We all have our favorite bands, but little makes some of us more excited than when we hear members of those bands are starting a new project, whether it be solo or with other musicians. There’s just something special about waiting for a mysterious project from one of your favorite artists with no idea of what it could sound like. We’re doing a Friday Discussion this week on PropertyOfZack on some of Our Favorite Side-Projects. Check out our list below and feel free to reblog with some of your favorites as well!
Though it transitioned into a longer lived project than Something Corporate, Jack’s Mannequin did start as a simple side-project for Andrew McMahon to try something new, something different. Never could he have expected a near-death battle with cancer and such a wave of support, but that’s not the point of Jack’s Mannequin. Everything In Transit was and still is an album that touched so many in a way SoCo came close to, but never truly hit. Whether you view it at a summer album or a perfect record, there was a certain breath of fresh air that Jack’s Mannequin started with that still lives with so many people today. Jack’s follow-ups to Everything In Transit either met or failed expectations of many fans, but the band kept an extremely large and dedicated fan base until its end. The transition for Andrew McMahon from Something Corporate to Jack’s Mannequin remains impressive in itself, and it will be even more interesting to see what happens with McMahon’s solo career. - Zack Zarrillo (@zzarrillo)
Box Car Racer
blink-182’s Untitled is regarded by most fans as Mark, Tom, and Travis’ best work. But if it weren’t for Tom and Travis escaping to Box Car in 2002, we may have not seen the two incredible albums that we ended up with. blink were always known as a light-hearted pop-punk band, even if Take Off Your Pants And Jacket saw a little bit of an edgier and darker side to the band. Box Car Racer was the first true signs of anger, aggression, sadness, and even hopelessness from Tom DeLonge, and it was an album that resinated with so many blink-182 fans. Though the project was of the main reasons for blink’s hiatus in 2005, there’s just no question that the album was integral for the creation of Untitled. Box Car Racer seems like it will be one of very view projects that will not get some sort of reunion tour in the future, and I would imagine that many feel that that is okay. - Zack Zarrillo (@zzarrillo)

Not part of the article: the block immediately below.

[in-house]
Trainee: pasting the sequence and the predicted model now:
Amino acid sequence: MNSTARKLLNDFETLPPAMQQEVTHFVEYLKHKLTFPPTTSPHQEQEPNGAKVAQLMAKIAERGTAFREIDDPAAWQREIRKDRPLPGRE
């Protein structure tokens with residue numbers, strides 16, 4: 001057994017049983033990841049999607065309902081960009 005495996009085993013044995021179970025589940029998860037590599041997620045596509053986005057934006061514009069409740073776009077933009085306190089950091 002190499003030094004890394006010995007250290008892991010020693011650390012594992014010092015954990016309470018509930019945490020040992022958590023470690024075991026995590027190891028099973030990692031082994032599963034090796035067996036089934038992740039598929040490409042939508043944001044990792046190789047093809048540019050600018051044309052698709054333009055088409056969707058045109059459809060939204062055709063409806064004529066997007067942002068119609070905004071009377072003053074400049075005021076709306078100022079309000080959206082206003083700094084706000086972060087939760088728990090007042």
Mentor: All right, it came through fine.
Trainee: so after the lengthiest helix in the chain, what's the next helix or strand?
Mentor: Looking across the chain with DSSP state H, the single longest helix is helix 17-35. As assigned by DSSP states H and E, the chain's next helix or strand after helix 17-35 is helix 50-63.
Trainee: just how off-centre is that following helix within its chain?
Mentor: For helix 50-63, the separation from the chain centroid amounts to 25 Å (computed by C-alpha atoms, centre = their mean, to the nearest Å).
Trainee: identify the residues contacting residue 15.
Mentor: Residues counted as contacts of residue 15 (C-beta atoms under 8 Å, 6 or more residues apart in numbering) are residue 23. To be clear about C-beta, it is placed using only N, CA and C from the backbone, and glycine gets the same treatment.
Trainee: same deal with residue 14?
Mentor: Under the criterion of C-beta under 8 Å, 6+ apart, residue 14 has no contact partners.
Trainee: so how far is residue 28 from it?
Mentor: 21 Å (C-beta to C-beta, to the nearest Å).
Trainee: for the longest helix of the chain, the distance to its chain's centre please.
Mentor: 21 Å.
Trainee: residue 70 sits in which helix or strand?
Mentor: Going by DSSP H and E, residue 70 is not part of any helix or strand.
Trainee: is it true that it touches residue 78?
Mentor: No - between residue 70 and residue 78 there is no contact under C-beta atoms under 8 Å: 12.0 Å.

I could list 1000 metaphors combining two awesome things and compare that to Bad Books. Superheroes. Foods. TV shows. Sports teams. Blah Blah Blah. All comparisons would fall short. Taking the storytelling abilities of Andy Hull and slamming them into the unique outlooks and viewpoints of life from Kevin Devine is an indie rock super group goldmine. Two albums into their catalog, the band has proved they are not only a part of the the scene, but also quickly becoming the ring leader of the modern day “brat pack” consisting of Devine, Manchester Orchestra, Brand New, Thrice and the rest of the Favorite Gentlemen collective. Not only is there no denying that this group has more talent than the whole of most indie labels, there is also no avoiding the addiction that comes from giving them a spin. - Josh Hammond (@endless_rambles)
When Your Heart Stops Beating is not my favorite blink-related record, but it may be top 3 for me. Untitled seemed like much more of a “Tom” record for blink, and it was fantastic. Seeing what Mark could do all by himself lyrically on +44’s only record was incredibly interesting following the release of Untitled. I would argue with anyone that Mark’s lyrics throughout the record are the best of any blink project, and that it is a musically sound record as well. There was a certain anger, urgency, and pain in the lyrics of When Your Heart Stops Beating, and it was felt. Another +44 album would be welcomed any day as long as it could rival the original release, but it may be a project better left dead like Box Car Racer as well. - Zack Zarrillo (@zzarrillo)
What do you get when you cross Transit’s Tim Landers and This Time Next Year’s Brad Wiseman? A project that’s less pop punk than you’d think. Misser’s debut, Every Day I Tell Myself I’m Going to Be a Better Person, is an exercise in optimism, and the indie touch the duo liberally applies to their sound keeps the positivity from sounding cliché. Landers and Wiseman trade off vocal performances, a la early Taking Back Sunday, and songs like “Time Capsules” and “I’m Really Starting to Hope the World Ends in 2012” stack up well against both of their respective bands’ discographies. With TTNY defunct and Transit’s new album wrapped up, I’d love to see some more Misser happen. - Erik van Rheenen (@TheVandyMan)